The Rise Of The Creative Class: And How It's Transforming Work, Leisure, Community And Everyday Life Hardcover – May 1 2002
|New from||Used from|
Customers Who Bought This Item Also Bought
No Kindle device required. Download one of the Free Kindle apps to start reading Kindle books on your smartphone, tablet, and computer.
To get the free app, enter your e-mail address or mobile phone number.
Florida, an academic whose field is regional economic development, explains the rise of a new social class that he labels the creative class. Members include scientists, engineers, architects, educators, writers, artists, and entertainers. He defines this class as those whose economic function is to create new ideas, new technology, and new creative content. In general this group shares common characteristics, such as creativity, individuality, diversity, and merit. The author estimates that this group has 38 million members, constitutes more than 30 percent of the U.S. workforce, and profoundly influences work and lifestyle issues. The purpose of this book is to examine how and why we value creativity more highly than ever and cultivate it more intensely. He concludes that it is time for the creative class to grow up--boomers and Xers, liberals and conservatives, urbanites and suburbanites--and evolve from an amorphous group of self-directed while high-achieving individuals into a responsible, more cohesive group interested in the common good. Mary Whaley
Copyright © American Library Association. All rights reserved
"An exhaustive study that ought to be read by every city planner and economic developer who wants to thrive in the next century.... It tells us a lot about ourselves, where we've been and where we are going." --This text refers to the Paperback edition.See all Product Description
What Other Items Do Customers Buy After Viewing This Item?
Top Customer Reviews
In its own sweet way, Florida's "creatives," or at least his watered-down definition of same, is as prejudiced as classic racists, homophobes, and sexists. Only instead of attempting to shunt blacks to the back of the bus, Florida's burgeoning "creative" managers are sending the working class factory jobs to China and the service class jobs to India. Having to live near these people, it would seem, is too painful for someone who markets Viagra for a living.
This is interesting enough, and Florida makes the connection to earlier work (especially that of Jane Jacobs) on what makes a city an "authentic" and interesting place to live.
It is well known that as time goes on, so-called "knowledge workers" are becoming a larger and larger part of the economy. However Florida, perhaps driven to some "irrational exuberance" by the bubble economy we were living in when he was writing this, makes some pretty outlandish claims for the importance and power of this class of workers (which he calls "the creative class"). As of mid-2004, this all seems a quaint relic of 1990s "new economy" optimism.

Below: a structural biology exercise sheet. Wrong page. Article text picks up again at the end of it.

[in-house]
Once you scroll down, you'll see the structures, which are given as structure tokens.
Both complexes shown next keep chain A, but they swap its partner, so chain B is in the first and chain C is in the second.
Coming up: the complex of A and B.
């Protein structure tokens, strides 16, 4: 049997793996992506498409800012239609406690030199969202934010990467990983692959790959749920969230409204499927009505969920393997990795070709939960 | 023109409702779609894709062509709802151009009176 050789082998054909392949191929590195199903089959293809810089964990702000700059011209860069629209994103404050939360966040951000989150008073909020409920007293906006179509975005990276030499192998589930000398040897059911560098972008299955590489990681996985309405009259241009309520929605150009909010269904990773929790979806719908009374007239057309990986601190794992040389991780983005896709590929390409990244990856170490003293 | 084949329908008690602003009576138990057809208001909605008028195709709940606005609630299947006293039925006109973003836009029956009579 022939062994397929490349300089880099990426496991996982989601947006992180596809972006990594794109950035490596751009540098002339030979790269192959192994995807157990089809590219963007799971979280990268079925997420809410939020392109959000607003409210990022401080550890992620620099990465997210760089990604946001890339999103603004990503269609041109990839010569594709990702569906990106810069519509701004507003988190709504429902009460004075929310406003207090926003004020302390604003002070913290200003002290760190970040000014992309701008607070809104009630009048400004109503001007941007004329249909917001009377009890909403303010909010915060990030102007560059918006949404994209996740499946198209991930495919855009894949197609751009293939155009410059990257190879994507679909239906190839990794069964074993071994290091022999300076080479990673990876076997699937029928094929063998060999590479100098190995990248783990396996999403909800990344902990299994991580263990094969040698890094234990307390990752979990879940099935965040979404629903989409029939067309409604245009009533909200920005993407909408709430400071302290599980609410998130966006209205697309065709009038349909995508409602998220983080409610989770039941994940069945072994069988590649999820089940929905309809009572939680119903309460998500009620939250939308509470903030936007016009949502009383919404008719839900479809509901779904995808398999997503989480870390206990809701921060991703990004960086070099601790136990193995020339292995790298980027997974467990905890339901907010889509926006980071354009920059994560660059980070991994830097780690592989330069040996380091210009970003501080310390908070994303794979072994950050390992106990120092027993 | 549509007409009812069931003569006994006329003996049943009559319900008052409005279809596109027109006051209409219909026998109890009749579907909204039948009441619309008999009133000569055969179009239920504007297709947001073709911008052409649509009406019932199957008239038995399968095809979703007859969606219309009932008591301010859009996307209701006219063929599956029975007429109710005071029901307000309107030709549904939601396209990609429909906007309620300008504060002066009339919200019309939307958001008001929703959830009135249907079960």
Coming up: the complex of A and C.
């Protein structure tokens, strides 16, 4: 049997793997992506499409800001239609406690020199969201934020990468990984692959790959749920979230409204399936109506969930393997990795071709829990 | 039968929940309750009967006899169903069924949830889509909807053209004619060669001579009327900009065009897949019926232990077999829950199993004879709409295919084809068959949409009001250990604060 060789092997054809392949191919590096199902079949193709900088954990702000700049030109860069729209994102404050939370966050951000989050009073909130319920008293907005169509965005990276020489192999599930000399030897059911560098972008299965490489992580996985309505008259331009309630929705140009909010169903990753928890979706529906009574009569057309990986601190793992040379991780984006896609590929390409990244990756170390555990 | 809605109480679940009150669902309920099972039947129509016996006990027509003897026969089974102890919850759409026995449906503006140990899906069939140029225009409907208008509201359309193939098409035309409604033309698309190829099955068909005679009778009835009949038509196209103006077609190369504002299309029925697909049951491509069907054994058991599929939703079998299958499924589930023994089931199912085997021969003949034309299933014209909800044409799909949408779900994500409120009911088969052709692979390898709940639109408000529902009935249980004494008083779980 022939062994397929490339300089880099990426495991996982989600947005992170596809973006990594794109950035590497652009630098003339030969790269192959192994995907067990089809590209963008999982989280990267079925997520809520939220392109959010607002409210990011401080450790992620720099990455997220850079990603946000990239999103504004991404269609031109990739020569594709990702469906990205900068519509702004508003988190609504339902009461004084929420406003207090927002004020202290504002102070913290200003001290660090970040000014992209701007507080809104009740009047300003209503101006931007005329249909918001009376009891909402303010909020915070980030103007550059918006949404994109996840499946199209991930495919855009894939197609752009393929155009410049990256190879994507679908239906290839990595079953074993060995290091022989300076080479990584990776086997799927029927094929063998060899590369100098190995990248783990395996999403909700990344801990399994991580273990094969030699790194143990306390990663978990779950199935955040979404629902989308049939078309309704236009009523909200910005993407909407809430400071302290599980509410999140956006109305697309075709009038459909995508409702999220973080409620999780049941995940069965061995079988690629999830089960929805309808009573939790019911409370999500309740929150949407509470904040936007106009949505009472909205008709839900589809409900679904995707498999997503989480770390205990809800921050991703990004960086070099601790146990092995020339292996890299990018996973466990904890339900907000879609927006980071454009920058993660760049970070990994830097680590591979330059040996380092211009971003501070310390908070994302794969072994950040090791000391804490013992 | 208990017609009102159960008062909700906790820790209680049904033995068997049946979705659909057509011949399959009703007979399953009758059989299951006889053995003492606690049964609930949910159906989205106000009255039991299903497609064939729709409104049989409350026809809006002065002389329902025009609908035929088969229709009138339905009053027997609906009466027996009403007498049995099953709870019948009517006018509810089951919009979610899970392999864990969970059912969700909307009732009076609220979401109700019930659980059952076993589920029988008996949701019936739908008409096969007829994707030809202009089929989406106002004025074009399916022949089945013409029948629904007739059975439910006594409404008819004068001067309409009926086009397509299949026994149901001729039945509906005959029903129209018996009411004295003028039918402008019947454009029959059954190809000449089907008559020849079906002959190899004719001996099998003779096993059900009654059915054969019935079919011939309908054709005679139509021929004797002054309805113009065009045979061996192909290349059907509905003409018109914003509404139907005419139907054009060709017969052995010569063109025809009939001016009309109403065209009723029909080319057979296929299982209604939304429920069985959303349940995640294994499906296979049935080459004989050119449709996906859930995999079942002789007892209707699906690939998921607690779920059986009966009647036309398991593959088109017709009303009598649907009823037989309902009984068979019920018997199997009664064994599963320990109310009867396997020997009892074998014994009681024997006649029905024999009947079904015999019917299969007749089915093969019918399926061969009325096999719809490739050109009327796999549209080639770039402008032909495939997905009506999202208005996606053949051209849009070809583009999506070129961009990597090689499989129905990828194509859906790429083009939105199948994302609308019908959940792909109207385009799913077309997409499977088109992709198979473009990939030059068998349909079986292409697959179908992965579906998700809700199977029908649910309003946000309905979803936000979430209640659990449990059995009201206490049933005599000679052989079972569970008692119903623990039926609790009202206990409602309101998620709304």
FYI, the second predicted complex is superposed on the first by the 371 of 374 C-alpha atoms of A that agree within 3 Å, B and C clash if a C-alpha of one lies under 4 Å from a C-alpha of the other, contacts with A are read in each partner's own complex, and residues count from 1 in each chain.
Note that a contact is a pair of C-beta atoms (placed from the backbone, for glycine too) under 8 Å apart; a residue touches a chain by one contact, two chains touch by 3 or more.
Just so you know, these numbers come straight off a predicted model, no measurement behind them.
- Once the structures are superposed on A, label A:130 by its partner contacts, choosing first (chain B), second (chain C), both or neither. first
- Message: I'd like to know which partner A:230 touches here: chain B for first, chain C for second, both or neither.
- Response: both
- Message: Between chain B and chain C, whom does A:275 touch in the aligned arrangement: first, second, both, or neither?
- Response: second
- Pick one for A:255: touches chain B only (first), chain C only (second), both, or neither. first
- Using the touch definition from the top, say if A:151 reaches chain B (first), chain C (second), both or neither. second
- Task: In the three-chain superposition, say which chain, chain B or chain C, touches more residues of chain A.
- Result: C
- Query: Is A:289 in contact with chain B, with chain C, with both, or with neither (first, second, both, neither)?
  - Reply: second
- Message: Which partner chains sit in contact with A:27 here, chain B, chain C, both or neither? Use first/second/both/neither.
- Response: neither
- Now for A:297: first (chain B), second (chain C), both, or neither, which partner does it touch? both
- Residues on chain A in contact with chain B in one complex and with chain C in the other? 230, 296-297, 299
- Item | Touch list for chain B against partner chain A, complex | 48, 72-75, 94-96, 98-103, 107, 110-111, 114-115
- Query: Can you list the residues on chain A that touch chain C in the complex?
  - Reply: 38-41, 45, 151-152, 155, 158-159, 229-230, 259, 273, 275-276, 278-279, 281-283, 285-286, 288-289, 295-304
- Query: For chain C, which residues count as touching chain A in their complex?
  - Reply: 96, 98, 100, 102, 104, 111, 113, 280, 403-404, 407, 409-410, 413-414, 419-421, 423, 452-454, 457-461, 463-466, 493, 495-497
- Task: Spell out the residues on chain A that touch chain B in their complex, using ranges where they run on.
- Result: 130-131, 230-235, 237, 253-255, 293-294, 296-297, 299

He also fails to address two things which have had a huge impact on the labor market in recent years:
He mentions but does not address at any length the collapse of the high-tech bubble, and what impact this change will have on the phenomena he describes.Read more ›
The author suggests that municipalities would be wise to structure their geography to attract creative class individuals. Another approach, which he does not consider, would be a strategy to develop more creative class individuals from the resident population. Unlike other natural resources, which are finite, creative class capital can be generated by educational opportunities and personal development.
An interesting thought occurred to me while reading this book: Dr. Florida describes creative class individuals as uninterested in group conformity. Meanwhile, the major political parties become increasingly polarized and intolerant of dissent within the ranks, sidelining independent-thinking "moderates." Thus public policy is being developed by parties who have driven the creative class out from their midst. This, more than anything, may be the most critical issue for the creative class to confront.
Most recent customer reviews
Dr. Florida offers both Rise of the Creative Class--Revisited: 10th Anniversary Edition--Revised and Expandeda delightful fast-paced account of historical futurism and a useful... Read morePublished on Dec 17 2011 by Oakman
Richard Florida sees clearly what our present leadership does not- our country is in transition and the old rules no longer apply . Read morePublished on July 19 2004 by Lori
The good news is, Richard Florida's book recognizes the growing economic and sociological impact of creativity. Read morePublished on June 8 2004 by Rolf Dobelli
If you've written a positive review here, you're probably one of the 38 million (how elite, basically 1/7 of the adult population) Americans who is a member of Richard Florida's... Read morePublished on May 3 2004
This book is a facinating look at what really makes cities tick. As someone who grew up around boston and now lives in NYC the issues about city planning that Florida (the author)... Read morePublished on April 11 2004 by Nathan
I think many of the preceding reviews provide insight on this book: the argument is a tough-sell, it relies on generalizations, and it doesn't get everything right. Read morePublished on Feb. 20 2004 by Quickhappy
Richard Floridaï¿½s book, ï¿½The Rise of the Creative Classï¿½, provides readers with some interesting ideas about economic and social growth. Read morePublished on Feb. 19 2004 by Amazon Customer
This book is a big sloppy wet-kiss to the book-buying audience that this marketing project is actually targeted towards, but contains no real practical philosophy! Read morePublished on Feb. 14 2004
Richard Florida's thesis -- rising creativity as elixer of prosperity -- is astonishingly uninformed about American history. Read morePublished on Feb. 8 2004 by Douglas W Rae